• Finger marks
• Burns of unusual location or type
• Injuries found at different states of healing
• Injury shape similar to an object
• Injuries to head/face/scalp
• History of moving from doctor to doctor, or between social care agencies; reluctance to seek help
• Accounts which vary with time or are inconsistent with physical evidence
• Weight loss due to malnutrition; or rapid weight gain
• Ulcers, bed sores and being left in wet clothing
• Drowsiness due to too much medication; or lack of medication causing
recurring crises/hospital admissions
• Disclosure or partial disclosure (use of phrases such as ‘It’s a secret’)
• Medical problems, e.g. genital infections, pregnancy, difficulty walking or sitting
• Disturbed behaviour e.g. depression, sudden withdrawal from activities, loss of previous skills, sleeplessness or nightmares, self-injury, showing fear or aggression to one particular person, inappropriately seductive behavior, loss of appetite or difficulty in keeping food down.
• Unusual circumstances, such as, for example, two service-users found in a toilet/bathroom area, one of them distressed
Signs of psychological or emotional vulnerability
• Unkempt, unwashed appearance; smell
• Over meticulousness
• Inappropriate dress
• Withdrawnness, agitation, anxiety; not wanting to be touched
• Change in appetite
• Insomnia or need for excessive sleep
• Unexplained paranoia; excessive fears
• Low self-esteem
Signs of neglect
• Poor physical condition
• Clothing in poor condition
• Inadequate diet
• Untreated injuries or medical problems
• Failure to be given prescribed medication
• Poor personal hygiene
Signs of financial or material vulnerability
• Unexplained or sudden inability to pay bills
• Unexplained or sudden withdrawal of money from accounts
• Disparity between assets and satisfactory living conditions
• Unusual level of interest by family members and other people in the
vulnerable person’s financial assets
Signs of discrimination
• Lack of respect shown to an individual
• Substandard service offered to an individual
• Exclusion from rights afforded to others, such as health, education,
Other signs of abuse
• Controlling relationships
• Inappropriate use of restraint
• Sensory deprivation e.g. spectacles or hearing aid
• Denial of visitors or phone calls
• Failure to ensure privacy or personal dignity
• Lack of personal clothing or possessions
People who may abuse
Abuse may happen anywhere and may be carried out by anyone.
Prevention of abuse
• Continuous training in Openness, Clarity and Sensitivity as the basis for all activities of the Awakened Heart Sangha
• Respect for all living beings
• Training in Nonviolent Communication available to all members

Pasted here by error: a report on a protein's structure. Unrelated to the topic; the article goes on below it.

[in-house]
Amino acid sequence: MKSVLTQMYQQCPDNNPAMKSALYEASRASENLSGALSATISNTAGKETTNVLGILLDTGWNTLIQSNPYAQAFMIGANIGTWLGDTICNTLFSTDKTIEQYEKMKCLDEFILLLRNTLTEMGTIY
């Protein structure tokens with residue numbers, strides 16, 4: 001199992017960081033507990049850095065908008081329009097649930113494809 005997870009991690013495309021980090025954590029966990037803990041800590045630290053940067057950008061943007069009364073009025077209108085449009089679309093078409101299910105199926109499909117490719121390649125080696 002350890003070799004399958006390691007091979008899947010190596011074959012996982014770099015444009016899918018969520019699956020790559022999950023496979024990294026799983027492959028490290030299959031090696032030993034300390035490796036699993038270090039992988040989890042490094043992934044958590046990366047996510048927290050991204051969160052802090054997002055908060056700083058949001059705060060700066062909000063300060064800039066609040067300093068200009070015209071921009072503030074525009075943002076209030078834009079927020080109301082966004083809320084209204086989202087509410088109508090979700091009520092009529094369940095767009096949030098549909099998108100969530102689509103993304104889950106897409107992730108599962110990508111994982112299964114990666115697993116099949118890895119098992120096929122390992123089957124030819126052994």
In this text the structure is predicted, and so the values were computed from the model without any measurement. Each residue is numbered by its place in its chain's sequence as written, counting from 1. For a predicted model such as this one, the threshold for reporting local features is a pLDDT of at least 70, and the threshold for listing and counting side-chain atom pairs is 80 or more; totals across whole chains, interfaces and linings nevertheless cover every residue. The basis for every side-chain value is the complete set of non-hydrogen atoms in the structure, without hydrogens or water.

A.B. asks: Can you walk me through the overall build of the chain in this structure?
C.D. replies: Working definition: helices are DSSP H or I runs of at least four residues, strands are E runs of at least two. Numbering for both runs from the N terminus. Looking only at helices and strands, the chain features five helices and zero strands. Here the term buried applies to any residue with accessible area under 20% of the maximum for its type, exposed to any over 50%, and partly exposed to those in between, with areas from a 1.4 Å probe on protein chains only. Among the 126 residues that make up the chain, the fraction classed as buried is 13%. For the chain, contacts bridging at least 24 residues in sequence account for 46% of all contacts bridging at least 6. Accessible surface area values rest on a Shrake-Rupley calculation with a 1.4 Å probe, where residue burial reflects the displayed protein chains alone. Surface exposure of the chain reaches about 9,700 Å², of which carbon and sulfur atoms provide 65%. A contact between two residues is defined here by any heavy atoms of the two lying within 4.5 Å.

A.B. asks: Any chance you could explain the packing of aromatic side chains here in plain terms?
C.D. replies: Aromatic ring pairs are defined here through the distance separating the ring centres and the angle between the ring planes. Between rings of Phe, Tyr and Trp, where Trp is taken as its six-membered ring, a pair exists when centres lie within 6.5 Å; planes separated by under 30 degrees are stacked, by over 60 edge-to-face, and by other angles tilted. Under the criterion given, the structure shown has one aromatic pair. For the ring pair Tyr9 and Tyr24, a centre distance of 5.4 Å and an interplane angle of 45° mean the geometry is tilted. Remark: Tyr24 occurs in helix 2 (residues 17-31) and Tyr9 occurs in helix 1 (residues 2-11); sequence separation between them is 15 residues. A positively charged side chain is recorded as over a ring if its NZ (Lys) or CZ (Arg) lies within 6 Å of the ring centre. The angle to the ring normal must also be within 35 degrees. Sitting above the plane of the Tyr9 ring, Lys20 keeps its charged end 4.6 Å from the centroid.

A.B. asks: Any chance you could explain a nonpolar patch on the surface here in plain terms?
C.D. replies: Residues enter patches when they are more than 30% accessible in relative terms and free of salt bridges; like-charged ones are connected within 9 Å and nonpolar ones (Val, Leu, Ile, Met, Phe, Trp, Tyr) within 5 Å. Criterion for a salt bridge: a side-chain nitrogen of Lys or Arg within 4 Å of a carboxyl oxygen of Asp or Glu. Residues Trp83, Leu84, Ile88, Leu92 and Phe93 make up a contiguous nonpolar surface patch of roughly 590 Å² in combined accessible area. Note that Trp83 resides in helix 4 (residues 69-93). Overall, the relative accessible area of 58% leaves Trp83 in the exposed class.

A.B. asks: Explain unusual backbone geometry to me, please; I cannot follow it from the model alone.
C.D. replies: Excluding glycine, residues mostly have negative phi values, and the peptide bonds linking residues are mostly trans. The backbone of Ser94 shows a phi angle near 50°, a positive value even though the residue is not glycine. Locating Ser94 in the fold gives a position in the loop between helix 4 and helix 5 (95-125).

• Vulnerable Adults policy training for all mentors, and group leaders
• Mental Wellbeing Guidelines available to all mentors, and group leaders
Reporting suspected abuse
Is it abuse?
To gain reassurance, clarity, support or empowerment, all members of the Mahayanagana student group and the Awakened Heart Sangha mentors make themselves available to discuss the matter with whomever has a concern related to potential abuse.
Anyone who receives a report of suspected abuse has a duty to take action, i.e. refer the matter directly to the Safeguarding Team. If you are sure that crime was committed, please take immediate action.
You are encouraged to voice your concern on your own behalf, or on behalf of someone else.
The consent of the vulnerable adult must be obtained except where:
• The vulnerable adult lacks the mental capacity to make a decision (Mental Capacity Act 2005), and a risk assessment indicates that referral would be in their best interests
• Others may be at risk
• A crime has been committed
Contact Safeguarding Team (any of its members) immediately.
The Safeguarding Team will consider the following:
• The wishes of the vulnerable adult and their right to self-determination
• The mental capacity of the vulnerable adult
• Known indicators of abuse
• Definitions of abuse
• Level of risk to the individual
• The seriousness of the abuse
• The effect of the abuse on the individual
• Level of risk to others
• The effect of the abuse on others
• Whether a criminal offence has been committed
• Whether other statutory obligations have been breached
Depending on the above, the Safeguarding Team may choose to inform relevant services (incl. police, local council, social services etc.), discuss the matter further within the Shrimalagana student group or among trustees, initiate Grievance Process, or other appropriate courses of action.
In the spirit of reconciliation and healing, the Awakened Heart Sangha may offer emotional and spiritual support for all who have been affected by abuse that occurred within the organisation. This would take form of the Grievance Process involving several meetings oriented around empathy, healing and restoration. This would be an expression of the Awakened Heart Sangha’s commitment to the promotion of wellbeing of all its members, and those who came into contact with it. It is an act of good and free will of all involved, and would be conducted by appropriately trained members to bring about restorative justice within the organisation.
This document is to be read in conjunction with the Awakened Heart Sangha’s Child protection policy and Child protection code of conduct.
Published 2020 by the trustees of The Shrimala Trust.